Drove back and forth a lot, dug an unnecessary hole…

Tobie made out like a burglar today: Three Jeep rides! And he got to see the nice lady! Three times!

8:30 on Sunday morning. I didn’t have very much planned: Needed to go take some voltage measurements at Ian’s but other than that I was just going to hang out. That’s when the phone rang – Neighbor L had no water pressure and couldn’t get her pressure pump to run, and could I come over and help her with the vault lid and see if we could figure out the problem?

Trip One: Tobie and I arrived, I helped remove the heavy steel lid and set up the ladder so she could climb down and see if anything obvious was wrong with the pump. There was no flooding, the electricity was working, and that was about as far as I’m qualified to check a pressure pump. They’re complex and confusing and I’ve never owned one. A phone call to Neighbor S, who’s far more knowledgeable than I, found him on the road and unavailable for the next several hours. We went home.

Trip Two: Neighbor L called again – no wonder the pressure pump wouldn’t run, the water tank was empty! Last time she checked it there were 800 gallons in there and she doesn’t use that much water in a few days. Must be a leak, and the ground is wet over by the workshop hydrant. Will I come over and help her dig it up to find the leak? Sure – Tobie and I rode again. The ground at the corner of the workshop near the hydrant was indeed wet but I pointed out that it was right under the drip edge. It snowed yesterday and everything was wet. I didn’t see any reason to dig up the hydrant but she already had the gravel raked away and insisted. Okay, digga we musta. We got down to the pipe and fittings and there was clearly nothing wrong down there. We went around to all the other outdoor hydrants – they have five – and there was nothing wrong with any of them. We went inside and looked everywhere water could be leaking. There was nothing wrong.

Meanwhile she had turned on the well pump to fill the tank. We went out to the vault and she switched on the power to the pressure pump, which instantly began whirring cheerfully away. Checked the house faucets, which now poured forth very nicely. Whatever the problem was, it involved an empty tank and not a broken pump. We put the lid back on the vault. Tobie and I went home. I promised to come back after lunch and mid-day chores, and bring some stuff to insulate the hole we’d dug because she was still convinced there was something wrong with that hydrant.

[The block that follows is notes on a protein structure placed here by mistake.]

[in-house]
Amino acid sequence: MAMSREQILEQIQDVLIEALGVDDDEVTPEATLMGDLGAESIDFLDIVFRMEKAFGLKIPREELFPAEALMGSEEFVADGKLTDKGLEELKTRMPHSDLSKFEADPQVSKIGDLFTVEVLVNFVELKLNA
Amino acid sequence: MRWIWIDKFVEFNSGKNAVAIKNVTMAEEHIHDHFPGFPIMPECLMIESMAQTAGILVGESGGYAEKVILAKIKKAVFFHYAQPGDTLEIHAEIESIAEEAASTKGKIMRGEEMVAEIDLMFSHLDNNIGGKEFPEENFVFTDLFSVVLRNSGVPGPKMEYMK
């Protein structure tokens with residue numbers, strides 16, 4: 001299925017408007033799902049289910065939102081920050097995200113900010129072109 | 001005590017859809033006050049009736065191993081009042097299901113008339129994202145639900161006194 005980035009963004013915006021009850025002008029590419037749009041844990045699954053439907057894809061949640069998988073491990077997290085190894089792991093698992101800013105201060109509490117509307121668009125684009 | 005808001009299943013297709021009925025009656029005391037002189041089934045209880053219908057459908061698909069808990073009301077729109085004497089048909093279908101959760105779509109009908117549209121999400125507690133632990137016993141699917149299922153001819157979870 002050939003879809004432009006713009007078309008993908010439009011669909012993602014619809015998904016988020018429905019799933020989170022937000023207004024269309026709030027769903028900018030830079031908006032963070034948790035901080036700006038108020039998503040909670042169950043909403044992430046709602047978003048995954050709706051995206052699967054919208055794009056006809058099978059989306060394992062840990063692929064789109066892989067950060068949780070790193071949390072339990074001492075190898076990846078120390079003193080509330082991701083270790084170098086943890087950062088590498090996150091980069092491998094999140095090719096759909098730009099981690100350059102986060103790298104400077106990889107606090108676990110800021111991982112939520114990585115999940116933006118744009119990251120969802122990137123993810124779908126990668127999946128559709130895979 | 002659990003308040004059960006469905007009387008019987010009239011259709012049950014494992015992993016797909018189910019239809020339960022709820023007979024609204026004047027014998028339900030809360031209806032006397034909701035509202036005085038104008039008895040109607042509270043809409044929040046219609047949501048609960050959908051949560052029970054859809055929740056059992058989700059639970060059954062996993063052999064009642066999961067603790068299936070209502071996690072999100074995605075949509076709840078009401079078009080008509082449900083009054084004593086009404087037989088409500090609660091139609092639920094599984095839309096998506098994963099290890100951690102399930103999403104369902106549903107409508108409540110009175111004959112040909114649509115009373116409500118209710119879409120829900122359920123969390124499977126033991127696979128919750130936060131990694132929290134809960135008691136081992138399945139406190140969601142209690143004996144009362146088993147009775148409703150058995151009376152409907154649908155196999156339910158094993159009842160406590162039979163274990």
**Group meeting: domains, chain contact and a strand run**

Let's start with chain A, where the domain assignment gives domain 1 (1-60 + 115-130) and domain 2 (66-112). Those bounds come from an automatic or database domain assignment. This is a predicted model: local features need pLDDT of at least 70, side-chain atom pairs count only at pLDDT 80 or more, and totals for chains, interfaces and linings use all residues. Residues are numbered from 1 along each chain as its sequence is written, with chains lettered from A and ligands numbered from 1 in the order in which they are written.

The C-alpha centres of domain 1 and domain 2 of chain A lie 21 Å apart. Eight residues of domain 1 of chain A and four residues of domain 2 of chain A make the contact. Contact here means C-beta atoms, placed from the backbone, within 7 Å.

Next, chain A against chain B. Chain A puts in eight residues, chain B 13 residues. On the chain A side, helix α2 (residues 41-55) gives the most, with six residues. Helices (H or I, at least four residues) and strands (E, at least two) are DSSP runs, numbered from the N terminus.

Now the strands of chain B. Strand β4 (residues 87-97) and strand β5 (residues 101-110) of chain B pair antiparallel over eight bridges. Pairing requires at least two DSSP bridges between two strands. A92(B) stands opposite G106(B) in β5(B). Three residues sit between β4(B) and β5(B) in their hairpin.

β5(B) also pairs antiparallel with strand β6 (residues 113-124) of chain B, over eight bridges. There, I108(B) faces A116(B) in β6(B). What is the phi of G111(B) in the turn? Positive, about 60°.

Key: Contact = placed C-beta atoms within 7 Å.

Trip Three: Neighbor L called a third time. She’d been on the phone with D, who said he rebuilt that hydrant two months ago and there was nothing wrong with it. He also said that the water softener used 200 gallons of water every backflush, which occurred every other night. If she hadn’t run the well pump in a week, there was good reason for the tank to be empty.

(Joel’s chin hits his chest.)

Tobie and I rode forth, and I helped fill the hole and pretty the site back up. We came home.

Once the tank is full that should end the crisis. But the day is young.

About Joel

You shouldn't ask these questions of a paranoid recluse, you know.
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12 Responses to Drove back and forth a lot, dug an unnecessary hole…

  1. 200 gallons? I was vaguely aware that softeners used up water in the cycle, but I had no idea it was that much. Seems a bit wasteful in the desert.

  2. Anonymous says:

    On balance, neighborly neighbors are a good thing.

  3. Joel says:

    It does seem like an awful lot but I really don’t know.